Money News

Rising oil price adds to Asia inflation headaches

MUMBAI (Reuters) - Rising oil prices present a new inflationary headache for Asia and further complicate the task of policymakers grappling with broader price pressures, an uneven growth outlook and surging dollar inflows.

An employee counts Indian currency at a fuel station in Mumbai June 25, 2010. REUTERS/Danish Siddiqui/Files

Central bankers in Asia are reluctant to stifle growth by raising rates and are wary of exacerbating yield differentials with western economies and Japan that would further attract potentially destabilising capital flows.

At the same time, rising prices are politically fraught in countries such as India and Indonesia, which must decide between taking the fiscal hit of offsetting fuel price increases through subsidies or pass costs onto inflation-wary consumers.

Inflation is also a big worry for global economic powerhouse China, whose leadership perceives rising costs of living as a threat to social peace and stability.

Beijing’s Christmas day rate rise -- its second in two months -- underscored how its focus has shifted from nurturing growth to getting prices under control and India is expected to follow, resuming a tightening cycle that has brought six rate increases since March.

Asia’s No. 1 and 3 economies can find comfort in signs that growth had sufficient momentum to withstand further policy tightening, but others -- particularly those relying heavily on exports -- seem less certain about next year’s prospects. Yet South Korea, Indonesia, Thailand and Philippines are all also expected to tighten monetary conditions in 2011.

While raising rates can do little to cap cost-driven or imported inflation, it can help cool overall demand and contain inflationary expectations stoked by a broad rally in commodity markets.

“It is difficult for individual countries such as South Korea to deal with inflationary pressure coming from these external cost factors,” said Lee Sung-kwon, chief economist at Shinhan Investment Corp in Seoul.

Lee said lowering tariffs on raw material imports, for example, will have a small impact on easing prices in South Korea, and expects the central bank to raise rates once each in the first and second quarters, to 3 percent from 2.5 percent now.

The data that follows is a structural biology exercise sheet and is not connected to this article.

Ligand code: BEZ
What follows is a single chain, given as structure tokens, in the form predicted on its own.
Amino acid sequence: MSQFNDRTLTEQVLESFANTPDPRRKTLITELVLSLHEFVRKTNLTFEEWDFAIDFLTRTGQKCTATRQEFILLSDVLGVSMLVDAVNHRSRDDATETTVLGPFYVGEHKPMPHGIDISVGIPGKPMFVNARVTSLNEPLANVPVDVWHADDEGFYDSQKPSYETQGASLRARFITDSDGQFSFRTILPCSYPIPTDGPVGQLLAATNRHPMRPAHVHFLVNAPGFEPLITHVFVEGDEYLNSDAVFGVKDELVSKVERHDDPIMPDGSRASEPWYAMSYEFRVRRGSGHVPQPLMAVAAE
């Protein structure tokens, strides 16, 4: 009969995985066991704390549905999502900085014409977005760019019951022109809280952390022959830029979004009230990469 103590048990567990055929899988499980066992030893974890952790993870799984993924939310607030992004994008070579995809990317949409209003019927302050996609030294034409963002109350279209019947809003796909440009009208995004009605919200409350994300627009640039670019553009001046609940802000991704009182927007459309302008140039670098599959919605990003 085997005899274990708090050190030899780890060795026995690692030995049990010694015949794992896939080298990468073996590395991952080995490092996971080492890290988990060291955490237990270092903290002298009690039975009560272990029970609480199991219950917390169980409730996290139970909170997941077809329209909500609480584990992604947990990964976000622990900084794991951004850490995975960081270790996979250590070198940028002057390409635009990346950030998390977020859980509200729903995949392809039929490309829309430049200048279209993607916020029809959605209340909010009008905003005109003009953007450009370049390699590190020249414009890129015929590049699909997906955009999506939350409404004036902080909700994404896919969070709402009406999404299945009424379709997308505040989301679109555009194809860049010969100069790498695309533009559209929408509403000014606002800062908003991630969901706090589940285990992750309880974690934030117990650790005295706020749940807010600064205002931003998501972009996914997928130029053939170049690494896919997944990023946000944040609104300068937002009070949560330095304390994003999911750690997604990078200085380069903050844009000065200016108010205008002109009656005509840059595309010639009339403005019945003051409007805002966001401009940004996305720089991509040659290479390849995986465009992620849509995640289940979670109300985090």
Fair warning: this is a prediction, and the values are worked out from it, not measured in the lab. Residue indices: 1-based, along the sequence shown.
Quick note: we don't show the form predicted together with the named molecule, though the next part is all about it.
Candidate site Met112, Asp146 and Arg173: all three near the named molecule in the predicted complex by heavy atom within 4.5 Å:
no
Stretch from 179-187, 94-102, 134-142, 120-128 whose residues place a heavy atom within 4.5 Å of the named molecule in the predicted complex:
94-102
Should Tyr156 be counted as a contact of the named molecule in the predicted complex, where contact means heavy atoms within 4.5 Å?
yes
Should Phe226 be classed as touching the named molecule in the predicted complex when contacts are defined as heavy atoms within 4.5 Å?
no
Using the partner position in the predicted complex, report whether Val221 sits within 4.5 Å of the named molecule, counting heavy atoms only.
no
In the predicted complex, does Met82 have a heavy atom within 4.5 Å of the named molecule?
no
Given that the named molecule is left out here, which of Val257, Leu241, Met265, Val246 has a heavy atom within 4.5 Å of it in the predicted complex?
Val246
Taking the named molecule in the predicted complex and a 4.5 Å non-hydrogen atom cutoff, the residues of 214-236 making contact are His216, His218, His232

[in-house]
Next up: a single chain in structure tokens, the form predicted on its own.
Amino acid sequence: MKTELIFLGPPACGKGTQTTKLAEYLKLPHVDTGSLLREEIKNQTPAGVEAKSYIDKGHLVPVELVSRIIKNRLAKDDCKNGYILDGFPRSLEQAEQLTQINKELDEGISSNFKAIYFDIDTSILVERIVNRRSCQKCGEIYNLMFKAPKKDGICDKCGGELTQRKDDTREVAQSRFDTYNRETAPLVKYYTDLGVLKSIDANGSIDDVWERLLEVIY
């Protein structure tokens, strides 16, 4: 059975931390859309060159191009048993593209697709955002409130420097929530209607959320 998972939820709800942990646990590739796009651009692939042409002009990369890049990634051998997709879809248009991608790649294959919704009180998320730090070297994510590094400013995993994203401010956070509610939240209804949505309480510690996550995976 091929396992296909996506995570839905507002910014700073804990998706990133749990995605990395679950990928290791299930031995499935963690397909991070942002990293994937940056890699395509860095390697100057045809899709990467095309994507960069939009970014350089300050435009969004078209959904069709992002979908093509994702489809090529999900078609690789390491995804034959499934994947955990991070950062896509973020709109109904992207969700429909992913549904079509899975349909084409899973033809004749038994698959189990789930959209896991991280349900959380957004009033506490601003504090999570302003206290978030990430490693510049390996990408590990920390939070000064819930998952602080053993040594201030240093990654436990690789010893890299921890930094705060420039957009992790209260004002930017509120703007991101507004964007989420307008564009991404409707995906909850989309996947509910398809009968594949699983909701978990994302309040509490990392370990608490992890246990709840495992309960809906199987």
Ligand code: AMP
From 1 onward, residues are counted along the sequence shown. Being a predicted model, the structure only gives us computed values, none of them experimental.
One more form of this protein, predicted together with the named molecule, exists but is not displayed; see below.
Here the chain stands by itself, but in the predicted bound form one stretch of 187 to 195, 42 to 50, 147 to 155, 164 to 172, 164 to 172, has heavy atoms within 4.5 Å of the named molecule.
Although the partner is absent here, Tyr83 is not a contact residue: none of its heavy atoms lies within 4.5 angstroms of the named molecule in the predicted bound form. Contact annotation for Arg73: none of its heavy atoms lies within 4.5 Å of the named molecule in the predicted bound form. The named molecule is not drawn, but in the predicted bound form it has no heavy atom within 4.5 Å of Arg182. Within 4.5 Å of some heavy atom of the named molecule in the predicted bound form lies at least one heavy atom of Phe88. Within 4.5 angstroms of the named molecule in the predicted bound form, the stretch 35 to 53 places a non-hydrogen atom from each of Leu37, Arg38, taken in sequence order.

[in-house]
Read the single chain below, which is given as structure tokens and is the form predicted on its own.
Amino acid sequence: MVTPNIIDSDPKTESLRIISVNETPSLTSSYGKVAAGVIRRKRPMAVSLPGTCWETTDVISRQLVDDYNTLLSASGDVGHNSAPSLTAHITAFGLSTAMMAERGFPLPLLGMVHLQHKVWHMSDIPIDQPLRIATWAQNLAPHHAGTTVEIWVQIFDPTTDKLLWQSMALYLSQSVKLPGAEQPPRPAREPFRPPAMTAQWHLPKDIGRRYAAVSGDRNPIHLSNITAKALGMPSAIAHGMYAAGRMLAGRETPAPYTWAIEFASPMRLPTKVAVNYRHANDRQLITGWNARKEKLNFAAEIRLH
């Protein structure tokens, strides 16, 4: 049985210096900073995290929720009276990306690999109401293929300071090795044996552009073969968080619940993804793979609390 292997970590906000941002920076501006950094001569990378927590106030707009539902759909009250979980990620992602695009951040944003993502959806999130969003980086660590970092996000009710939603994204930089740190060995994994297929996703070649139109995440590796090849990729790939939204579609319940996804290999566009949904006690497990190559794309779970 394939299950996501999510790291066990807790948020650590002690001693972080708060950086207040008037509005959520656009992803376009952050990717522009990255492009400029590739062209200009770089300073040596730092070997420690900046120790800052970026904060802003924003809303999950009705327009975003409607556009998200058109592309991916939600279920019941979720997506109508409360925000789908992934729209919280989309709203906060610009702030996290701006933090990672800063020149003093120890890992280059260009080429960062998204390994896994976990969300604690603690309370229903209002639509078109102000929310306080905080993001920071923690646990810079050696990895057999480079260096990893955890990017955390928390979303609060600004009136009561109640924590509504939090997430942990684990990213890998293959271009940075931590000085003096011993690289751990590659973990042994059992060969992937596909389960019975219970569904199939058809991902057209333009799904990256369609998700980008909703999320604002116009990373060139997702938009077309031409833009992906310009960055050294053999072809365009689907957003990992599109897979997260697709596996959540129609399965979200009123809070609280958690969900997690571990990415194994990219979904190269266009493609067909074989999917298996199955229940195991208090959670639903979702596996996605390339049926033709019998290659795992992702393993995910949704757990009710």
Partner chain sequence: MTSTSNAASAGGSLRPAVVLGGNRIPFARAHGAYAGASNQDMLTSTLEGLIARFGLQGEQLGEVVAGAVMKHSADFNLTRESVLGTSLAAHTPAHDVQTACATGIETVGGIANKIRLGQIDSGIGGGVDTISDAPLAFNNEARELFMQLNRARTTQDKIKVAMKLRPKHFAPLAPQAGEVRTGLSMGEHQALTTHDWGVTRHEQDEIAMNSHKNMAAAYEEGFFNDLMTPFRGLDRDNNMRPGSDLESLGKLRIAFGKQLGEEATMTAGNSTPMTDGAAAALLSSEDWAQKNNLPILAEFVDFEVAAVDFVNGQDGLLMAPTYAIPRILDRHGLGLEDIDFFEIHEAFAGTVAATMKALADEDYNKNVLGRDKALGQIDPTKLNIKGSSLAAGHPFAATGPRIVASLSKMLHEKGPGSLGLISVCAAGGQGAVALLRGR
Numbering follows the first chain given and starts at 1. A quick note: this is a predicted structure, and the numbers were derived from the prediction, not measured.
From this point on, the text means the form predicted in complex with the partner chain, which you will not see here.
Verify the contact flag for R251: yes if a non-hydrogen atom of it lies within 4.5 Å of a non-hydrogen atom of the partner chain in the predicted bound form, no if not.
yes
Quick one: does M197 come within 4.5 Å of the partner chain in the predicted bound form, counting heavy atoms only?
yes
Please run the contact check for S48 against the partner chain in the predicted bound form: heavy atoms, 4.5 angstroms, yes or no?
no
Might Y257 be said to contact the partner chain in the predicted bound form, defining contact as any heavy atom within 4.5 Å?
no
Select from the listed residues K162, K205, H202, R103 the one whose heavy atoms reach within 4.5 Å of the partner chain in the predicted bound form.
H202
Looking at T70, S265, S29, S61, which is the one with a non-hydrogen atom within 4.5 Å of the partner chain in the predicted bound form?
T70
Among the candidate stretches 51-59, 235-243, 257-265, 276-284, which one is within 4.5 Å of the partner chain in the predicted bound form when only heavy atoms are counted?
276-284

“Global prices of oil and raw materials will stabilise if China raises interest rates and the impact of the hikes materialise in that economy,” Lee said.


Oil prices have risen steadily this quarter. Benchmark U.S. crude hit a 26-month high on Monday near $92 per barrel and is forecast by some analysts to be headed to $100, driven by quantitative easing in the United States and as robust growth in China and India drive demand.

A weak dollar and OPEC’s evident reluctance to increase output add to the case for costlier oil in 2011.

“We see broad price rises in soft commodities, hard commodities and black commodities (oil and coal), which have translated into imported inflation and imported cost increases,” said Chen Xingdong, chief China economist at BNP Paribas.

Demand for oil products in China, the world’s No.2 consumer, rose 13.9 percent annually in November, as millions more Chinese bought cars and industrial and petrochemical demand boomed, despite a two-year old fuel pricing system designed to ensure rising crude oil costs were passed on to consumers.


In India, New Delhi this week deferred a decision on whether to lift the state-set price of diesel and cooking fuels, which would add to inflation, annoy the embattled ruling Congress party’s rural base and further embolden the political opposition.

Headline inflation in India was 7.48 percent in November, and the central bank’s 5.5 percent inflation target for the end of the fiscal year in March appears increasingly out of reach as food and fuel price rises accelerate.

The rise in global crude prices comes on top of high food prices and surging growth in many Asian economies.

Chen estimated that while fuels contributed 10 percent to China’s 5.1 percent November inflation, a 28-month high, food accounted for 74 percent.

Food prices, which like energy tend to be beyond the scope of monetary policy, jumped 11.7 percent in China in the year to November, while India’s food price index rose 14.44 percent on the year as of Dec. 18.

“Rising oil prices will not be the only problem for inflation. Higher food prices and wages, which are seen across Asia, will also push up inflation from the demand side,” said Nuchjarin Panarode, economist at Capital Nomura in Bangkok.

Additional reporting by Yoo Choonsik, Abhijit Neogy, Kevin Yao, Leika Kihara, Tom Miles, Rie Ishiguro, Orathai Sriring and Aditya Suharmoko; Editing by Tomasz Janowski